16 Jul’18

One Step Closer to Economic Justice: Commentary on WesternGeco LLC v. ION GeoPhysical

| Posted in Blog | No comment

The United States Supreme Court issued a 7-2 decision in WesternGeco LLC v. ION Geophysical Corp., regarding a patent owner’s ability to recover lost foreign profits for US patent infringement damages.  This ruling is a major blow to Parties seeking to evade US patent. It reinforces the strength of the US patent system by aligning foreign lost profit damages with the definition of infringement, which includes the act of supplying components of patented invention that were intended to be incorporated into a device in a manner than would trigger liability as an infringer, had the acts been committed in the US.  As stated by the Court: “The damages themselves are merely the means by which the statute achieves its end of remedying infringements, and the overseas events giving rise to the lost-profit damages here were merely incidental to the infringement.”

The Court’s opinion that the overseas events were merely incidental to the infringement is a common-sense approach that will prevent future bad-faith actors from leveraging the US patent system to their benefit, while at the same time seeking to shield themselves from its reach through the intentional act of exporting the infringement. When infringement can be proven, there necessarily must be infringement within the territorial reach of the US patent laws. The damaged party is allowed to recover damages, including lost profits, that are adequate to compensate for infringement and the Court has determined that the recovery of lost profits is not limited to domestic lost profits. The expansion of lost profits to include foreign lost profits enhances the ability of a patent owner to recover the appropriate amount damages that would make them whole, without artificially excluding foreign lost profit damages from the pool of available damages.  It’s economic justice.

** Foresight’s commentary to WesternGeco LLC v. ION Geophysical, along with the commentary of other industry leaders, was published by  IPWatchdog.

Full article here
26 Apr’18

Oil States Energy v. Green’s Energy: Implications for the Patent Market

| Posted in Blog | No comment

World IP Day 2018 coincides with a highly anticipated, landmark decision by the US Supreme Court in the case of OIL STATES ENERGY SERVICES, LLC v. GREENE’S ENERGY GROUP, LLC, ET AL. which relates to the process known as inter partes review (IPR).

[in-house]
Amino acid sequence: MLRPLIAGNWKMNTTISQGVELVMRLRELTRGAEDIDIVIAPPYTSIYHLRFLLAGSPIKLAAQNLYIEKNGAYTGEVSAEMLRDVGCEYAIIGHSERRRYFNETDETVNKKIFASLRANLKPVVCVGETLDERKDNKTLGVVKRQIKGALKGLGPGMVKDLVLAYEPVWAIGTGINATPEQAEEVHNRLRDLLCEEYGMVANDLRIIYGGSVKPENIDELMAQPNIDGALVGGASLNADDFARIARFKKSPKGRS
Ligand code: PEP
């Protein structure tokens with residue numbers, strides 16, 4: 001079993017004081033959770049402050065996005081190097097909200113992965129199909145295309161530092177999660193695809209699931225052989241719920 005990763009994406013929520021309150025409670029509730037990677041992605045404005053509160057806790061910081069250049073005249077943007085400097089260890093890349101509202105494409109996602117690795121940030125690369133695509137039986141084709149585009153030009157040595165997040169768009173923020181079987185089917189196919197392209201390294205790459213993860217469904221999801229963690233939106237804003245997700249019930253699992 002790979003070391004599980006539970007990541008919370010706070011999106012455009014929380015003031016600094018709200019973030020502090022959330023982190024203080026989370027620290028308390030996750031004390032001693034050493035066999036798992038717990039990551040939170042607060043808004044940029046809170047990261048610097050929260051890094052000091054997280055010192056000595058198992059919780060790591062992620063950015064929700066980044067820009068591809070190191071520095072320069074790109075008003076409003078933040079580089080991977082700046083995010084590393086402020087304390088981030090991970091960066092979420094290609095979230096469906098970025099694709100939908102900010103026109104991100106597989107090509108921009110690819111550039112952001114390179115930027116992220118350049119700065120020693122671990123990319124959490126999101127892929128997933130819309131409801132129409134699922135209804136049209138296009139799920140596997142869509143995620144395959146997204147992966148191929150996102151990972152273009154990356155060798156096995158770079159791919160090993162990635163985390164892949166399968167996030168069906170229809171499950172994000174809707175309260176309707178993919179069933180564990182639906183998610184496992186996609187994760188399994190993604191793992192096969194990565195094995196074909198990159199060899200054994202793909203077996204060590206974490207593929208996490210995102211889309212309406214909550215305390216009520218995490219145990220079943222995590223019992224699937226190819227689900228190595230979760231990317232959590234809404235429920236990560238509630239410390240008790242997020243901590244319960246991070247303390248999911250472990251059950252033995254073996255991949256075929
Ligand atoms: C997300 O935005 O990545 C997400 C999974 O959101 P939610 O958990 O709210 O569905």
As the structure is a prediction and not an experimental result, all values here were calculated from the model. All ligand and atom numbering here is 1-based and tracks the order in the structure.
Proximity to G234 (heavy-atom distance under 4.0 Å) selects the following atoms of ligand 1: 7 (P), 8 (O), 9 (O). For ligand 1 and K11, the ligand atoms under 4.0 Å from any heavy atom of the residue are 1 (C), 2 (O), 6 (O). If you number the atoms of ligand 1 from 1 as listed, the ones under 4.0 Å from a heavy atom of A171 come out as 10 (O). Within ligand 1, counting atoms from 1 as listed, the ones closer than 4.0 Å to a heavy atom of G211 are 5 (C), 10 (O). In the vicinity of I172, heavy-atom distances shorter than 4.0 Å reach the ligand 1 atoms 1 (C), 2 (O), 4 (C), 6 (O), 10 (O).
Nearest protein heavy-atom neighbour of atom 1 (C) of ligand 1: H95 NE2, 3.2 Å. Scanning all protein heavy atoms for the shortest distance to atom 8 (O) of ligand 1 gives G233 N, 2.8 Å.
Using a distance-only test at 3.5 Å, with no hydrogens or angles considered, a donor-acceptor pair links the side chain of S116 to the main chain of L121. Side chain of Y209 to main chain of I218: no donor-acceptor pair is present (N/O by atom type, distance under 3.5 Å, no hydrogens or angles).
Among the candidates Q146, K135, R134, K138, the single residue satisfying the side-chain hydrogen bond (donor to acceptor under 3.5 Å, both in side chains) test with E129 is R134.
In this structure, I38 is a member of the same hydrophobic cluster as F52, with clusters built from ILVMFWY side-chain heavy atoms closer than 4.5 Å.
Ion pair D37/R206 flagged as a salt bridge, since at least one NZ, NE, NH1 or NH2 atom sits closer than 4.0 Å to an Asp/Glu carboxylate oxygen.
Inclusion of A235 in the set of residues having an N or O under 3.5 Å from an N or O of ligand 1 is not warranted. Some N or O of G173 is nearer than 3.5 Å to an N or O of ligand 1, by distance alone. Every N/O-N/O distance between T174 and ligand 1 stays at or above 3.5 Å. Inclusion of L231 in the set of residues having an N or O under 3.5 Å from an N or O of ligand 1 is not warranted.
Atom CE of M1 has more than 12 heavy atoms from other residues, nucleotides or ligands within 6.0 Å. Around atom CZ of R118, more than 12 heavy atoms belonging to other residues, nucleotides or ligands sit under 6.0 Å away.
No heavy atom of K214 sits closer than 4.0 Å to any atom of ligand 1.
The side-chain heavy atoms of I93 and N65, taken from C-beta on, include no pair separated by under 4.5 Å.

Inter Partes Review Process

The IPR process, as introduced by the America Invents Act of 2011, allows any person (other than the patent owner) to file a petition with the USPTO with request for cancellation of one or more claims of a previously issued patent on the grounds that the claim fails the novelty or non-obviousness standards for patentability. Before the USPTO Director can institute an IPR, the Director must determine that there is a reasonable likelihood that the petitioner would prevail with respect to at least one of the claims challenged. Once instituted, the PTAB examines the patent’s validity. The petitioner has the burden of proving unpatentability by a preponderance of the evidence. If there is no agreement between the patent owner and the petitioner to settle the case, the PTAB must issue a written final decision no later than a year after it notices the institution of inter partes review. If the Board’s decision becomes final, the Director must issue and publish a certificate. The certificate cancels patent claims finally determined to be unpatentable, confirms patent claims determined to be patentable, and incorporates into the patent any new or amended claim determined to be patentable. If a party is dissatisfied with the Board’s decision, they can seek judicial review in the Court of Appeals for the Federal Circuit. When reviewing the Board’s decision, the Federal Circuit assess the Board’s compliance with governing legal standards de novo (i.e., without reference to any legal conclusions made by the PTAB) and its underlying factual determinations for substantial evidence.

Oil States Case Overview